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Fragile patients are frequently geriatric cases who display an increased risk of intra- and post-operative complications like infections, luxation, periprosthetic fractures and revisions. These patients are not only advanced in age but also generally have comorbidities, the most important of which is osteoporosis posed as one of the main risk factors for fractures. Other potential risk factors include anemia, weakened immune system, malnutrition, chronic diseases like cardiovascular issues, diabetes and also previous surgical procedures. So intra- and post-operative complications can occur quite often in such cases.

Since all risk factors cannot be optimally managed before surgery, fragile patients need to be assessed properly and require particular pre-, peri and post-operative care when they are slated for major surgical procedures like primary joint replacement, hip arthroplasty and especially fracture treatment. Arthroplasty treatment for fragile patients is a major challenge for orthopedic surgeons.

So treating femoral neck fractures: Hemiarthroplasty is considered a good option for fragile patients. Hip fractures like proximal femoral fractures(neck fractures) occur frequently in geriatric cases occurring due to a fall, mostly facilitated by osteoporosis and other comorbidities. These severe injuries must and need to be taken seriously and require prompt surgical intervention. It is equally important to prevent and contain post-operative complications that occur at a much higher rate in this group of patients.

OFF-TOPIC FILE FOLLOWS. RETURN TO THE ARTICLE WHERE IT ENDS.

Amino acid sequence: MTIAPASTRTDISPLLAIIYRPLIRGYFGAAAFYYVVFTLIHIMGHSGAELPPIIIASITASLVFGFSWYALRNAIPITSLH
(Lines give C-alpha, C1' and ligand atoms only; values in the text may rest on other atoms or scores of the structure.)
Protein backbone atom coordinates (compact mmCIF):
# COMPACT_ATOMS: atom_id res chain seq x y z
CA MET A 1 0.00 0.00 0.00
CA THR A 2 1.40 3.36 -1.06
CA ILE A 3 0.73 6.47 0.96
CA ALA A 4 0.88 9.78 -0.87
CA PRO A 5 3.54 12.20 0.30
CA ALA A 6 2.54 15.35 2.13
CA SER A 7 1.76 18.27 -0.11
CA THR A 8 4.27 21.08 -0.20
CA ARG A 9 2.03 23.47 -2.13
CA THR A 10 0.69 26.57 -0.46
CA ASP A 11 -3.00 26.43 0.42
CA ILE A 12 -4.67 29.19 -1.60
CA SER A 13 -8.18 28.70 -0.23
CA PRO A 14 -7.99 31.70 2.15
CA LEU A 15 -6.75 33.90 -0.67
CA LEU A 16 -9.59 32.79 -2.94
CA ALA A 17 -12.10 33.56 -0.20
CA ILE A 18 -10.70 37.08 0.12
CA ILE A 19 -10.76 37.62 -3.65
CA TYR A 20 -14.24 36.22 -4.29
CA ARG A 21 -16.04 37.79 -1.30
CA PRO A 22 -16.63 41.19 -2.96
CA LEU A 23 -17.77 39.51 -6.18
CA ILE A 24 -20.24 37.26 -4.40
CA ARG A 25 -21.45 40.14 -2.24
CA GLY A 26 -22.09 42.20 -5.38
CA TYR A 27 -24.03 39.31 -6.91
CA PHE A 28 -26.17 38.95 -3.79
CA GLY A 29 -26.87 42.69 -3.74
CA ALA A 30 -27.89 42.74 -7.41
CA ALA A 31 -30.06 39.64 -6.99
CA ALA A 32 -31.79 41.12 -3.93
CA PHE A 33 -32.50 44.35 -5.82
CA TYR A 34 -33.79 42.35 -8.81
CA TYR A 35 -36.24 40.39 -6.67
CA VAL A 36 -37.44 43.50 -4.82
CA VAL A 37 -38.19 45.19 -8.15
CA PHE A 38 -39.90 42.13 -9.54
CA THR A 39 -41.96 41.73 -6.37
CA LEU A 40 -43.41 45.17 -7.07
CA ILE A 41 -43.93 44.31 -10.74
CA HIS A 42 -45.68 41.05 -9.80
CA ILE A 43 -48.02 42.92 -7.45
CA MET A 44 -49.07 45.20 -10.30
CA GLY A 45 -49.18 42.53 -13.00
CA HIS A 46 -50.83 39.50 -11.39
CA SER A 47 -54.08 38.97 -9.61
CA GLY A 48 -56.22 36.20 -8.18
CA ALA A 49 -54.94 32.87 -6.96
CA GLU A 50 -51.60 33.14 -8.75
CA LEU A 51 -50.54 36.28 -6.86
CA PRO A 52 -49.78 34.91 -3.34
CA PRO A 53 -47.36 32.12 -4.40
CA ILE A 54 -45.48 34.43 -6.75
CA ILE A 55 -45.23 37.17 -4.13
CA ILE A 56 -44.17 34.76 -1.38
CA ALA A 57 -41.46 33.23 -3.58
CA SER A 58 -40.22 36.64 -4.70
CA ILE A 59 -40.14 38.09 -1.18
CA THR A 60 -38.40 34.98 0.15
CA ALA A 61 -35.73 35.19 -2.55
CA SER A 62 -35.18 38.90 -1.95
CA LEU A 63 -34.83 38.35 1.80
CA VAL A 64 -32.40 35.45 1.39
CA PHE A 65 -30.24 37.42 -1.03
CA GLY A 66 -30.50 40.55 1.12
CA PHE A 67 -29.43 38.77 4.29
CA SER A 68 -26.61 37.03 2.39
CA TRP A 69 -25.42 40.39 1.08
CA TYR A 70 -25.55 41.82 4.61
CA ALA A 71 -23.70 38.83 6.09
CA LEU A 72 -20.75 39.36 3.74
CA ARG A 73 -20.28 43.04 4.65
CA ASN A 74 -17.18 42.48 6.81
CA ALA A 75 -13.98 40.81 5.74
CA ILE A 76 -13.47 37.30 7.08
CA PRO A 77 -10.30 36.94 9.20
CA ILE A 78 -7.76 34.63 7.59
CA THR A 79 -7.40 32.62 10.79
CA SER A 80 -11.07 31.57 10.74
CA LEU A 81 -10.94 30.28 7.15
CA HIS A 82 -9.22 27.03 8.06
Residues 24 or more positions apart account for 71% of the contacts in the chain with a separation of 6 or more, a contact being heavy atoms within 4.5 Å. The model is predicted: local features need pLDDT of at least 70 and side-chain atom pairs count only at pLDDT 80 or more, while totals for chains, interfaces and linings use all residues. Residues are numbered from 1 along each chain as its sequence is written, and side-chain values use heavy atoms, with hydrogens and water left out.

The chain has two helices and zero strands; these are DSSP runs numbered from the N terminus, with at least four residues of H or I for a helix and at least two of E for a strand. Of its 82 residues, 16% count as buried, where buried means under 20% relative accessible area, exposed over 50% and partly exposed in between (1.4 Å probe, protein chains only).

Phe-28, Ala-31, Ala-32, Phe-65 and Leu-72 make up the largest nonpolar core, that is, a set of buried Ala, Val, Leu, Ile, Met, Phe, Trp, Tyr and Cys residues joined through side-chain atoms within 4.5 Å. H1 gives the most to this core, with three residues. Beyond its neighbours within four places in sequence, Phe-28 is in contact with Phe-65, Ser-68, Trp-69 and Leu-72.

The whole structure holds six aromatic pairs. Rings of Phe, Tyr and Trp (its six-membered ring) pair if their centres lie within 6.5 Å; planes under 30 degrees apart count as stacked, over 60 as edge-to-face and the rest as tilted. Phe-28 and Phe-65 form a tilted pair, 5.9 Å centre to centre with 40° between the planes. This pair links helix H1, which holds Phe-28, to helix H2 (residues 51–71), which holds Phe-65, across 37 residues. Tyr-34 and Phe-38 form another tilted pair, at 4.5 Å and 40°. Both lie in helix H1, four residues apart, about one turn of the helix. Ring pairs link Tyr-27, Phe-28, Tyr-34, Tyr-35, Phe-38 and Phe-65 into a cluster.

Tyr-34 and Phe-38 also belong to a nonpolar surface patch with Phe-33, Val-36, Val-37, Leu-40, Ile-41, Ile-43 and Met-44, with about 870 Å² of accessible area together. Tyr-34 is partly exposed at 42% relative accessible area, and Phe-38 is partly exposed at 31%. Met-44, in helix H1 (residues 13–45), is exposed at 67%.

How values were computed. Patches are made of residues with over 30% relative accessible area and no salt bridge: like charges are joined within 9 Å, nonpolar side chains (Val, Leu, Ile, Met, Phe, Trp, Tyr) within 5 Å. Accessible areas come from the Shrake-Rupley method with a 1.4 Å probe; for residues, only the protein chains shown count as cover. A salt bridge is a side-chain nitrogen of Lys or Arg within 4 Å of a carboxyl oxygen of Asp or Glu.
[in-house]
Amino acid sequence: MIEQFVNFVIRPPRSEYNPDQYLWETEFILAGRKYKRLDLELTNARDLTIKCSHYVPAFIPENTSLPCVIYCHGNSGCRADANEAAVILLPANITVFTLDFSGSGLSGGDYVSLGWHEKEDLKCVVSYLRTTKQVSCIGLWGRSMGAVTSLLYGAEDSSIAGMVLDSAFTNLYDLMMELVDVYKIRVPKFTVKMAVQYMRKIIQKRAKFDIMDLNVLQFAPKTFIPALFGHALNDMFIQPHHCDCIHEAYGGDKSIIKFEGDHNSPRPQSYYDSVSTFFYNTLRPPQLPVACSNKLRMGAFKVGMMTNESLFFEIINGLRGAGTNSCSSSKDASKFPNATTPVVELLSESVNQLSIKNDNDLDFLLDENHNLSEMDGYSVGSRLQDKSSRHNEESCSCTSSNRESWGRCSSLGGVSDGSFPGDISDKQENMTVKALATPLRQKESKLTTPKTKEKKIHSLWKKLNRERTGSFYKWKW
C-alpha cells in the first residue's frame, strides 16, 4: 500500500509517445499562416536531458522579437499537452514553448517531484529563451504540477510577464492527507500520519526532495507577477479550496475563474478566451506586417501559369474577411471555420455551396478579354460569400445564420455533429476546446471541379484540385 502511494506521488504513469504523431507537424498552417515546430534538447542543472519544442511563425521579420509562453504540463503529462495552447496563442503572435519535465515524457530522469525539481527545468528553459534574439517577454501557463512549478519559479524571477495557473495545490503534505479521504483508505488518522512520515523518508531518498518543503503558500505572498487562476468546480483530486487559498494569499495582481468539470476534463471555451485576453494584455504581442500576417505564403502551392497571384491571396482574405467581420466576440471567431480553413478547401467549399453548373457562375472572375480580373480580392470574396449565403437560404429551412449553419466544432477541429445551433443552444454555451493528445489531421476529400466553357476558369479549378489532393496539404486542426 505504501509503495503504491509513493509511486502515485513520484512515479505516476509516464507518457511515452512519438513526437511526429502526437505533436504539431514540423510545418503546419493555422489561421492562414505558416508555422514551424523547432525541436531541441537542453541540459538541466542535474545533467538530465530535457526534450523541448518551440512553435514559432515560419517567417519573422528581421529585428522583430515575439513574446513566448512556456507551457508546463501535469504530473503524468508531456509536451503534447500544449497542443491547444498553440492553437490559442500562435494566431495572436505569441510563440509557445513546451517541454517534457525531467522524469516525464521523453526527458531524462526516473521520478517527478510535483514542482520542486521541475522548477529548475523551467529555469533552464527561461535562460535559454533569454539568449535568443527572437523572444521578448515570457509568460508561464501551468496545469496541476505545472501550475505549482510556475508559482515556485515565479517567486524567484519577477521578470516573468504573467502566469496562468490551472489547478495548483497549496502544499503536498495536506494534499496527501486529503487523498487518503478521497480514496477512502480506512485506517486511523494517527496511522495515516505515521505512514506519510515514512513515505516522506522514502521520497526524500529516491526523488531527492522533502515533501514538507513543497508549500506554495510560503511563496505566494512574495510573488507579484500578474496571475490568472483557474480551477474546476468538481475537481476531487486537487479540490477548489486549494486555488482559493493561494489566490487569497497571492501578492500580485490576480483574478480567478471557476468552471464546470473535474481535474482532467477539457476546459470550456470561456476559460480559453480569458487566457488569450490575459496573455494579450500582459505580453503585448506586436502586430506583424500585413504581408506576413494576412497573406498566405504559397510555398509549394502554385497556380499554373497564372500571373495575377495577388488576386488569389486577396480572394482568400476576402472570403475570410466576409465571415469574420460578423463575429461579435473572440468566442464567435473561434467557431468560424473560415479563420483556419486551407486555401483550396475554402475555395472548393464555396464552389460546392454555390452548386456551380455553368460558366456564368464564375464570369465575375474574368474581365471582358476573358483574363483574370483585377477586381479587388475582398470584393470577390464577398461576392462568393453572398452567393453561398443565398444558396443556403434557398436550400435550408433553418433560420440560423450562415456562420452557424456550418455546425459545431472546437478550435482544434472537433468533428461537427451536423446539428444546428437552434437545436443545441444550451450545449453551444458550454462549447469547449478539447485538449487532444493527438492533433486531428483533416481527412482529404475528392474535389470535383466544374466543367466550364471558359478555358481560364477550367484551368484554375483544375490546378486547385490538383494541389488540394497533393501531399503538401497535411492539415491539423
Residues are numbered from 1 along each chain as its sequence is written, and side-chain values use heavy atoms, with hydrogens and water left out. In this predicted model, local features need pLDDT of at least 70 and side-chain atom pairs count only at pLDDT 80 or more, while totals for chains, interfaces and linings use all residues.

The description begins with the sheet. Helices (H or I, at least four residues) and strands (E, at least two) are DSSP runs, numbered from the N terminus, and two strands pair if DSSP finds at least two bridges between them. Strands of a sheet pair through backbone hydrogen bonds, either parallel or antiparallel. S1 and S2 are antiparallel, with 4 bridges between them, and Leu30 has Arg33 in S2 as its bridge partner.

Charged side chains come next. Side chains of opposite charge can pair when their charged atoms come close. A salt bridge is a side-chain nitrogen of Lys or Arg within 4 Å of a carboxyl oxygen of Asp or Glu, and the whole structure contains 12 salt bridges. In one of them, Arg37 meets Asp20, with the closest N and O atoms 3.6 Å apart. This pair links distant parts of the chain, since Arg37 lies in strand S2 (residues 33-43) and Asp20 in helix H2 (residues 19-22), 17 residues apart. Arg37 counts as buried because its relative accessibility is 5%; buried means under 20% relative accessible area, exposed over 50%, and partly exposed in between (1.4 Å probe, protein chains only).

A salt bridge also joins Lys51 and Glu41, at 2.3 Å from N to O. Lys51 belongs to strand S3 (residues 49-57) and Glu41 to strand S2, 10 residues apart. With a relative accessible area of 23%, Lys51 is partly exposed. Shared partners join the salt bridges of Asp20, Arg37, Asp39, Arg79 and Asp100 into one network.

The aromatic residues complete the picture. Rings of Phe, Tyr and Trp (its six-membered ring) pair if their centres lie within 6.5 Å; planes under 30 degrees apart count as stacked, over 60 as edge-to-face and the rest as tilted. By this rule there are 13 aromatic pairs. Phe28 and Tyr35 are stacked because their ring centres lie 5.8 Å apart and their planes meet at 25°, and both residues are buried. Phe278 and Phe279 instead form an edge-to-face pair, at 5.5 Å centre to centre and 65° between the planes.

Another point of significance is targeted rehabilitation measures, which need to be taken in time so that it aids the patient recovery and helps them attain their mobility quickly after a hip fracture. Thus for patients who have poor general health, limited mobility and limited life expectancy, Hemiarthroplasty is a good option after a femoral neck fracture. Short duration of surgery and rapid mobilization after surgery with good and satisfactory functional, clinical and radiological outcomes are the positives of Hemiarthroplasty.

Preventing infection is absolutely essential when a surgeon is treating femoral fractures. Periprosthetic joint infection (PJI) is a rare but devastating post-operative complication which occurs most commonly with proximal femoral fractures than with elective procedures. Particularly in polymorbid patients, treatment of a PJI is associated with a high rate of complications and high mortality. The 1 year mortality for older patients with a femoral neck fracture is twice as high as the control group of the same age with no fracture. Experts have expressed that the success rate decreases the more local and systemic risk factors there are.

Prevention of complications should be the highest priority since infection therapy is also associated with high costs and leads to financial loss for the hospitals. So a comprehensive package of measures needs to be taken for infection prevention. Bone cement containing antibiotics should be used to help prevent serious deep infections. Evidence shows that when treating femoral neck fractures with hemiarthroplasty with dual antibiotic loaded bone cement, the risk of PJI can be lowered upto 69% as compared to a low dose of single loaded bone cement. In some clinics in Germany, the use of dual loaded antibiotic bone cement has become standard for arthroplasty procedures in geriatric patients to avoid complications.

InnoHEALTH magazine digital team

Author InnoHEALTH magazine digital team

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